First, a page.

Photography is often seen as immanently and constitutively connected to stillness. Even the terms used to describe it often draw upon something of its static properties. Such that we look for photography to deliver a ‘decisive moment’ or to ‘freeze action’ from a constantly moving environment. In this sense, photographic images appear to come from circumstances which are somehow inconsistent with its stillness. Reading stillness as a particular symbolic incompleteness, of course, would be eluded if all images moved. And where more obviously can this be seen that in the conflation of moving and still images already apparent and available in today’s smartphone camera features?

Understanding images in a way that does not relate to their particular subject matter, but instead draws upon their formal properties, we might conclude photography cuts across reality to acquire a form of stillness, one that suggests at the impossibility of image itself. Of course, the reverse could also be true, wherein the ontological incompleteness of a stilled photograph characterises a certain struggle between the impossibility of reality in its representational form.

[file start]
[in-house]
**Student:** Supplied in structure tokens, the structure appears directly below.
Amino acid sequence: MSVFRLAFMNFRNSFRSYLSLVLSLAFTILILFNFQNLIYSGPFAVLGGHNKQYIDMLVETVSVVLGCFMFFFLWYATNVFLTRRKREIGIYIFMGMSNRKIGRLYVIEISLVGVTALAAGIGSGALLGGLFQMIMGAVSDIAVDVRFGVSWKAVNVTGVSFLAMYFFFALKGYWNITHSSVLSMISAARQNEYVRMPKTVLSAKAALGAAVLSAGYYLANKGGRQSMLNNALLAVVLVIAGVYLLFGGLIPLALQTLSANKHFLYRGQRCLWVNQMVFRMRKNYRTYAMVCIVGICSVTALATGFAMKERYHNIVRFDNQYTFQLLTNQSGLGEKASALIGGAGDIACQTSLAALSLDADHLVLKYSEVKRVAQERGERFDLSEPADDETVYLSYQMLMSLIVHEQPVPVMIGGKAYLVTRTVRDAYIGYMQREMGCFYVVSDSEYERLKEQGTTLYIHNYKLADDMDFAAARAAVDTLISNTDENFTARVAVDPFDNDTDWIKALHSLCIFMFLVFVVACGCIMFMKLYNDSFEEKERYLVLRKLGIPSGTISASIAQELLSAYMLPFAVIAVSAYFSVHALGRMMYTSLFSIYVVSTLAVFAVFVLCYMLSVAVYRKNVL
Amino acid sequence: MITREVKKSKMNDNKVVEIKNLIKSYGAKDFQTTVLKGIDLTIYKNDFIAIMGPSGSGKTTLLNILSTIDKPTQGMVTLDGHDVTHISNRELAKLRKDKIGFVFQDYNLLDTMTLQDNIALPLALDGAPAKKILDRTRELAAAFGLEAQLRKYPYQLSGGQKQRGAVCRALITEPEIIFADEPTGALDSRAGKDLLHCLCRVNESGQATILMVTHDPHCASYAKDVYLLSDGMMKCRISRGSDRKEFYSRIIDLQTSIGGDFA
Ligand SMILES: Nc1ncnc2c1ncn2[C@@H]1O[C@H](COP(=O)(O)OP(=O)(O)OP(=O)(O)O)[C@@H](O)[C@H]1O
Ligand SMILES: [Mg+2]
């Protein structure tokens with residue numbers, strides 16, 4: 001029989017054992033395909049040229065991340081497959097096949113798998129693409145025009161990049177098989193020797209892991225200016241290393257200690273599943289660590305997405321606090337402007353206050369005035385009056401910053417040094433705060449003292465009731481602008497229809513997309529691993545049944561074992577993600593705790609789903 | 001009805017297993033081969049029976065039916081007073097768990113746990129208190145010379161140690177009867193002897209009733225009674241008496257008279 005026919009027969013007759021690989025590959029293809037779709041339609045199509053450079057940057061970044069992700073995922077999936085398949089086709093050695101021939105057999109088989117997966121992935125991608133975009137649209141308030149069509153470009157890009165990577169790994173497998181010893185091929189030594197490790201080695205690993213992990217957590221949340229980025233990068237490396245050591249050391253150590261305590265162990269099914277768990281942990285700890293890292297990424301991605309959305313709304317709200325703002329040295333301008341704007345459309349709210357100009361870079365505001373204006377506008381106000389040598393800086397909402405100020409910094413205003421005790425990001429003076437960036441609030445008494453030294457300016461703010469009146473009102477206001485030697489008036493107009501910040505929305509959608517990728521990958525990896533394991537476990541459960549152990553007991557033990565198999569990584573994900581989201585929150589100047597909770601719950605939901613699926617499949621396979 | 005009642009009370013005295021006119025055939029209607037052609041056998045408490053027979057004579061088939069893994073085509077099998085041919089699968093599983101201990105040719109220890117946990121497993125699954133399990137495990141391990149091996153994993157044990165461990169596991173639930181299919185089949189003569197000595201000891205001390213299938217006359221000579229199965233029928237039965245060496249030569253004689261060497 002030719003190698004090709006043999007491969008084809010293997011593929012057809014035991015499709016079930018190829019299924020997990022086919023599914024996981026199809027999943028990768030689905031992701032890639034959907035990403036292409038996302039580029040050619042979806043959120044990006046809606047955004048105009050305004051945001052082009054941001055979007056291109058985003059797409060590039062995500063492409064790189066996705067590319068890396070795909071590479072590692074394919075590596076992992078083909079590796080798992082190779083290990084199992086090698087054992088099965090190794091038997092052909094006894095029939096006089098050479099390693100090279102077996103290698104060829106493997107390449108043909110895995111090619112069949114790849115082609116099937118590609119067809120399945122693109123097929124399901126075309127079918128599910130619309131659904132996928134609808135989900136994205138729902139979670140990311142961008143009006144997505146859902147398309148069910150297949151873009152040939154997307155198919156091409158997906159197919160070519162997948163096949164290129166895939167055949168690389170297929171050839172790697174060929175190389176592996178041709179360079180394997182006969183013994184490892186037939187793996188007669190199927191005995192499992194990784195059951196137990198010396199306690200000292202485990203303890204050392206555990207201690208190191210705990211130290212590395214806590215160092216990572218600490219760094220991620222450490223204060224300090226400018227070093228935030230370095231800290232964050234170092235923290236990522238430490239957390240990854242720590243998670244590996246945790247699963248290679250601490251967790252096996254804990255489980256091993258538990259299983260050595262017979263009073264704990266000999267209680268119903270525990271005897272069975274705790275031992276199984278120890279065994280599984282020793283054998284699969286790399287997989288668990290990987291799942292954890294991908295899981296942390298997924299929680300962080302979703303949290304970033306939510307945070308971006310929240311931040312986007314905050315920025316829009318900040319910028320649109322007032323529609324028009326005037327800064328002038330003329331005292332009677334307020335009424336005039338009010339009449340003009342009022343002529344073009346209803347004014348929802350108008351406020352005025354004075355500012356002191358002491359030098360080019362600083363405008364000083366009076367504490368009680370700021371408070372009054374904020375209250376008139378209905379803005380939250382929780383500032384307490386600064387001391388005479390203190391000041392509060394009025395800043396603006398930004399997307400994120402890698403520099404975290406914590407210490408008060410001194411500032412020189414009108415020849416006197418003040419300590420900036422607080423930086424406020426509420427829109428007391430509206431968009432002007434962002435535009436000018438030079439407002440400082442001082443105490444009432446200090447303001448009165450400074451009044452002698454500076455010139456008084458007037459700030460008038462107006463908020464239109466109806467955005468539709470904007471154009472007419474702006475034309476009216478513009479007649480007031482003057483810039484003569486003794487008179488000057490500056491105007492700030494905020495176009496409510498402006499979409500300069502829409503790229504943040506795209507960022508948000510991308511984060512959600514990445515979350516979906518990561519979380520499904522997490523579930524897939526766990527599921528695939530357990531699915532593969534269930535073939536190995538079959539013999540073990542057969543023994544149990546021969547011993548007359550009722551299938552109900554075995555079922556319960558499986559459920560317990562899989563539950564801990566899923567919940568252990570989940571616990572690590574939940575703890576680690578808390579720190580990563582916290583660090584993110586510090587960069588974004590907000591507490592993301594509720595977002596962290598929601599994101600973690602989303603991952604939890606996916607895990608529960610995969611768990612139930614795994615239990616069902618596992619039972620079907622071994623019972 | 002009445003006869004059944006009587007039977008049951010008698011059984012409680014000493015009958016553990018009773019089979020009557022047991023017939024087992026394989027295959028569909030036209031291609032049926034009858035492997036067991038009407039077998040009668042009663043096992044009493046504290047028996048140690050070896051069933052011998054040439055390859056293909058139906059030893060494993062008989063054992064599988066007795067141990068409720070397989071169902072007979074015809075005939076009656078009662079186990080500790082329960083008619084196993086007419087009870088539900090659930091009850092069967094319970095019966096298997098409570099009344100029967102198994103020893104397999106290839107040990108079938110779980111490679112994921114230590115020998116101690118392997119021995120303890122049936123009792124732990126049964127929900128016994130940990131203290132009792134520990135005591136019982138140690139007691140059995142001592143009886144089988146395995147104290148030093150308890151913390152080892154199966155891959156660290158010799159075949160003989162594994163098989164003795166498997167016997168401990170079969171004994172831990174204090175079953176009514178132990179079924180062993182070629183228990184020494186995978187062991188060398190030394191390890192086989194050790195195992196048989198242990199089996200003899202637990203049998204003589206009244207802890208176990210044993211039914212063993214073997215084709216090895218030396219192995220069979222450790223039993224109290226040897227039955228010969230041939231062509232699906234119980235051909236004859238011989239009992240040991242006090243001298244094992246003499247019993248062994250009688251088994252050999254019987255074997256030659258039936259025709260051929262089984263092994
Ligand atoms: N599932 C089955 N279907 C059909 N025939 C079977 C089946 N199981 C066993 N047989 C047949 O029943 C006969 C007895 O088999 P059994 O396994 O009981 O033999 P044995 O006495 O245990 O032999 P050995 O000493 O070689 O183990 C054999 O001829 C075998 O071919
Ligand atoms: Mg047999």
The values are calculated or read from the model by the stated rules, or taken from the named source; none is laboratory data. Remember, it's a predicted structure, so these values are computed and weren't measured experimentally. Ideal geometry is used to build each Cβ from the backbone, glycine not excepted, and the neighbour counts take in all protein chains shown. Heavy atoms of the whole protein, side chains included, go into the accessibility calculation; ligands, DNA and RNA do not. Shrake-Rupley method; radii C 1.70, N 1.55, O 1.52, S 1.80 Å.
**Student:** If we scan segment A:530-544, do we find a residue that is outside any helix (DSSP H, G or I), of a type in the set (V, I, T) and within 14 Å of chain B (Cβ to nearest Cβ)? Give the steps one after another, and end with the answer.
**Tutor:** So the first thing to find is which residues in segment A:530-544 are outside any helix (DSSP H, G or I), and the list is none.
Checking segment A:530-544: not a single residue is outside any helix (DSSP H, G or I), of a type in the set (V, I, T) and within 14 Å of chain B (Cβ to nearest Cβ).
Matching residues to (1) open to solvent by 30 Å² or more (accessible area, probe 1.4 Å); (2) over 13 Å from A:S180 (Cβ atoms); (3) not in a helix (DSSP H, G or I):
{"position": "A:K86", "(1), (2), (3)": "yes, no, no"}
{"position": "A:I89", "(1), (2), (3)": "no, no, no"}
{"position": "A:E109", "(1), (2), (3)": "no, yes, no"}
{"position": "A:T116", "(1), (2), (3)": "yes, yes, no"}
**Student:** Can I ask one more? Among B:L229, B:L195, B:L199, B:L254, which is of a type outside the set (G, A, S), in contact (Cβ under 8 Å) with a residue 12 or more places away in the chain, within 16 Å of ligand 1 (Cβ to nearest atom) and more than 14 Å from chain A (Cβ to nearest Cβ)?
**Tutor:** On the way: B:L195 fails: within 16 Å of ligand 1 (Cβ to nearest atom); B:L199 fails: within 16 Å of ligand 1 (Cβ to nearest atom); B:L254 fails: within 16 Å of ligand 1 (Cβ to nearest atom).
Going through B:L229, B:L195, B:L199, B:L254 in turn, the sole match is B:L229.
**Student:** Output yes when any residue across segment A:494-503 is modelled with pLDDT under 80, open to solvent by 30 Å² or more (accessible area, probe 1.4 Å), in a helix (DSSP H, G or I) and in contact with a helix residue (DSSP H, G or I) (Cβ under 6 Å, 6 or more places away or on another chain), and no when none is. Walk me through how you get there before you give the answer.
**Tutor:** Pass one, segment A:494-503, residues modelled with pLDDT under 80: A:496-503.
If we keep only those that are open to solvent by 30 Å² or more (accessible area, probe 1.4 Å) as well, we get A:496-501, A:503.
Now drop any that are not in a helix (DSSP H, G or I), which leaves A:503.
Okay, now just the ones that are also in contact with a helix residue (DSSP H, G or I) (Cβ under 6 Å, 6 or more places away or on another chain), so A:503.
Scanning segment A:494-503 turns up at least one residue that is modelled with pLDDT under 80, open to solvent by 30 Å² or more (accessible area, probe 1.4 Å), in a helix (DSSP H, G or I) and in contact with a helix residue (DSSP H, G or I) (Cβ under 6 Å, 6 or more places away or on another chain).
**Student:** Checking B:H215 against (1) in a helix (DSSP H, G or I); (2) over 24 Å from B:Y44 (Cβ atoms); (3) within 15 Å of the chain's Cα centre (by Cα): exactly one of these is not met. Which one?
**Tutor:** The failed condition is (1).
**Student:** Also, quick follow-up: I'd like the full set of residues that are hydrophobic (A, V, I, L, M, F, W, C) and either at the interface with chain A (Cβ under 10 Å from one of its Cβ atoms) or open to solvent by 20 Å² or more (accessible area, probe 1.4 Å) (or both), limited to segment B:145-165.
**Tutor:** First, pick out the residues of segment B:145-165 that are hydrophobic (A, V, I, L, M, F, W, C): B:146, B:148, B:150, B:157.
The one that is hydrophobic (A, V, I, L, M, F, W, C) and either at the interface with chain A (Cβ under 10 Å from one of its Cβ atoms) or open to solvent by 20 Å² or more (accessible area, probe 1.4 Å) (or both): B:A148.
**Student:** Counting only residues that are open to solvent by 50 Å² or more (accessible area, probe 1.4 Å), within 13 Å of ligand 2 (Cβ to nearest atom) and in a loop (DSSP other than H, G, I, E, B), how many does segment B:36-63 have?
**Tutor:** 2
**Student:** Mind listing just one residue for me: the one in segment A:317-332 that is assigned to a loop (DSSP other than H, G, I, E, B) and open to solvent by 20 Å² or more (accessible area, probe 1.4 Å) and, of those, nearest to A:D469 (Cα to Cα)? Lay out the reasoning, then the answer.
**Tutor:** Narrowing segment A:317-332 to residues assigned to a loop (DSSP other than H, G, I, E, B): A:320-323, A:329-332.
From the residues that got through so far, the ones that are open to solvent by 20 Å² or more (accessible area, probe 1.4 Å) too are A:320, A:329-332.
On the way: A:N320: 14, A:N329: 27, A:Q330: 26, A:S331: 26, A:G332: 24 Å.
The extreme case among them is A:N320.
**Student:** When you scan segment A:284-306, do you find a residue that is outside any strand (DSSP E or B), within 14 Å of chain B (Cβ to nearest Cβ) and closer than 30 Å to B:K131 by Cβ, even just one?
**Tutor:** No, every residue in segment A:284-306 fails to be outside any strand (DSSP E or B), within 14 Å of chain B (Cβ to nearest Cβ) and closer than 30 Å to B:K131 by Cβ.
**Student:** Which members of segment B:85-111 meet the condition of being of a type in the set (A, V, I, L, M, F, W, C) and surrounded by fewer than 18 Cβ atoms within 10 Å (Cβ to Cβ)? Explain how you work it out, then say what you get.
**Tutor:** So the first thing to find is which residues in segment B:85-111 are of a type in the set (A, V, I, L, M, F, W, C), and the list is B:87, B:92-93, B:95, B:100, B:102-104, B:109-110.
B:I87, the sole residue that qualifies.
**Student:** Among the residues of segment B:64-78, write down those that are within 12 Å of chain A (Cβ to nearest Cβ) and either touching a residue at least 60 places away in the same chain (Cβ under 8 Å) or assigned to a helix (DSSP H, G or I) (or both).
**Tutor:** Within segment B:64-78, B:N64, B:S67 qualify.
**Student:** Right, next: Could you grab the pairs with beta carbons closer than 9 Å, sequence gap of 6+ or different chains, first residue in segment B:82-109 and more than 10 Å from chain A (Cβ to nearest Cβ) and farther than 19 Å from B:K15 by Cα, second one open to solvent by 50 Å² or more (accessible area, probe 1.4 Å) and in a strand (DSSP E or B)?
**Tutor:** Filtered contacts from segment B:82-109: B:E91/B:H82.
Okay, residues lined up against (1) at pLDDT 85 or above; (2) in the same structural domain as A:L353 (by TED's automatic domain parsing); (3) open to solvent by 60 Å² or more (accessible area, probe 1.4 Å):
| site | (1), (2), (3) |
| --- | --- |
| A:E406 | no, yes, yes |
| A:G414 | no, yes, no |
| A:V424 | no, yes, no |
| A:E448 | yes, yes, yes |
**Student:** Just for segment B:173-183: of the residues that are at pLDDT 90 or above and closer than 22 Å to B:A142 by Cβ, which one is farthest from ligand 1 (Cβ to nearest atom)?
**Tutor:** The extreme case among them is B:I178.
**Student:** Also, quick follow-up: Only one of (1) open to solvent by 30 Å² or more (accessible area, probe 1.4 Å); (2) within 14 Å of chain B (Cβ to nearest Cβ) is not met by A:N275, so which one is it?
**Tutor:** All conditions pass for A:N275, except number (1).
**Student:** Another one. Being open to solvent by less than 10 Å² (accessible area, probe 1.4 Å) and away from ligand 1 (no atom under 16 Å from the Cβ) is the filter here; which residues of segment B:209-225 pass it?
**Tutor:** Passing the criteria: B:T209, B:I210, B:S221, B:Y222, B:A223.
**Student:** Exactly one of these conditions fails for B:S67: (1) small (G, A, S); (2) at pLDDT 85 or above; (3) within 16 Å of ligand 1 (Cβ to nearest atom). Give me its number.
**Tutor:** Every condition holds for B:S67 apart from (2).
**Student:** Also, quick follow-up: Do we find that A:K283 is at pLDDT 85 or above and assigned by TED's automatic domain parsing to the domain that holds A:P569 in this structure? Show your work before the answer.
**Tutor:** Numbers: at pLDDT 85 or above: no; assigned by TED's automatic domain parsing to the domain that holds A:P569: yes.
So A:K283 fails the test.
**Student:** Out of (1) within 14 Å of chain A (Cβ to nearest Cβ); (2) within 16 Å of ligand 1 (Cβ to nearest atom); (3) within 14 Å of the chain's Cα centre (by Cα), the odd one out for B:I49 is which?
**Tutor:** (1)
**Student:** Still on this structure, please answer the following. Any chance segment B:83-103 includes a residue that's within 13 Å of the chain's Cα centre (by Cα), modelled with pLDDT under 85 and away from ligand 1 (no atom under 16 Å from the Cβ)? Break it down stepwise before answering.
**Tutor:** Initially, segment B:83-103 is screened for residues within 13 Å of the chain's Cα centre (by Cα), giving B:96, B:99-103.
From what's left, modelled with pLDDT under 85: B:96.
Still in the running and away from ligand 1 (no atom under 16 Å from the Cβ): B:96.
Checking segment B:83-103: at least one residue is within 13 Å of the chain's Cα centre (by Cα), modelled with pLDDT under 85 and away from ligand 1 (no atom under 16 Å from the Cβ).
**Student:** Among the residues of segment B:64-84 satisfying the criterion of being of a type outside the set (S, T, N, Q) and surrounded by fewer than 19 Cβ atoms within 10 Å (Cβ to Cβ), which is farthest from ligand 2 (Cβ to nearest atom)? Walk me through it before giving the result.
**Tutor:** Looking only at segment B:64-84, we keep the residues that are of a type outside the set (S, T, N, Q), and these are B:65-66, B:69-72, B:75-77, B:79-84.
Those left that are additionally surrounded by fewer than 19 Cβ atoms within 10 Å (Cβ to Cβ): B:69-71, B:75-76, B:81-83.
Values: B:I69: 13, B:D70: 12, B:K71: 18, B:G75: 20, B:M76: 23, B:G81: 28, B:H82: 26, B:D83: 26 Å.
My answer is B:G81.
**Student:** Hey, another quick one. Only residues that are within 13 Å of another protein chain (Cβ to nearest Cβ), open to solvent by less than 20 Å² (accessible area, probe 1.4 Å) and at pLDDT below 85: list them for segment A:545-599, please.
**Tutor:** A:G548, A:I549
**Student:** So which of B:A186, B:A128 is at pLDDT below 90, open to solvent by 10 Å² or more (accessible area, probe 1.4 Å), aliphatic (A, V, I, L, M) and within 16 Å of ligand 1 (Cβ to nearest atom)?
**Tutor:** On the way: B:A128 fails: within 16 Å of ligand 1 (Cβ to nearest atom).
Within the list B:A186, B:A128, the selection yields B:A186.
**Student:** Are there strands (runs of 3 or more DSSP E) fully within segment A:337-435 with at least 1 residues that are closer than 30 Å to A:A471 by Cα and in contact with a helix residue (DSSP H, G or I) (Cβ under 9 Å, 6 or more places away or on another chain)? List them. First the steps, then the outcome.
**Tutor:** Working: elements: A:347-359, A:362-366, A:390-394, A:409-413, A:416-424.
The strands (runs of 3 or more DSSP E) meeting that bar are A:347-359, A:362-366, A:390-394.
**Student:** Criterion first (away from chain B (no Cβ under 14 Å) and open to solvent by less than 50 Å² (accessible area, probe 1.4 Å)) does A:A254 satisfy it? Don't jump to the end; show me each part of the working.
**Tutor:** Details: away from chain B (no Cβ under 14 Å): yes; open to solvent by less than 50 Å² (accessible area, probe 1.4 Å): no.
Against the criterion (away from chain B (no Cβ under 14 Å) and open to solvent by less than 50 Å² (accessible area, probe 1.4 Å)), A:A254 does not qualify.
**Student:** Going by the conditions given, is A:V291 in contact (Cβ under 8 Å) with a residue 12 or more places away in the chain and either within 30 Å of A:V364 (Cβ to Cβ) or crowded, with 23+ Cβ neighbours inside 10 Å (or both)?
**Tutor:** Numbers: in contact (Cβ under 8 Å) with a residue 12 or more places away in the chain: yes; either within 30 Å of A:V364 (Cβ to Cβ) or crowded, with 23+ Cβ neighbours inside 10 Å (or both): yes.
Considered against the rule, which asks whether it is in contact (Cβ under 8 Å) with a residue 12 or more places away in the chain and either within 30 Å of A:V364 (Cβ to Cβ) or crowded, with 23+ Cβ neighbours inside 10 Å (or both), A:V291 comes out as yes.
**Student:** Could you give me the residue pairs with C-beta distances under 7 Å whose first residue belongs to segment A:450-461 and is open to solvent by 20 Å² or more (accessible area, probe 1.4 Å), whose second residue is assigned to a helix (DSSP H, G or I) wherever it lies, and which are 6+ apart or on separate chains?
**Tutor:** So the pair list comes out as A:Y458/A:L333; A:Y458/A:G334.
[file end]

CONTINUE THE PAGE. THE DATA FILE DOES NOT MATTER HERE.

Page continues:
In this paper, I claim any ontological limitations of still images can not be overhauled or rethought by contrasting the still image with moving images. Instead, image emerges at the intersection of these two: as one passes into the other and back again. The impossible properties of each form, their failure to be fully, either, moving or still, is therefore inscribed into the very possibility of image itself.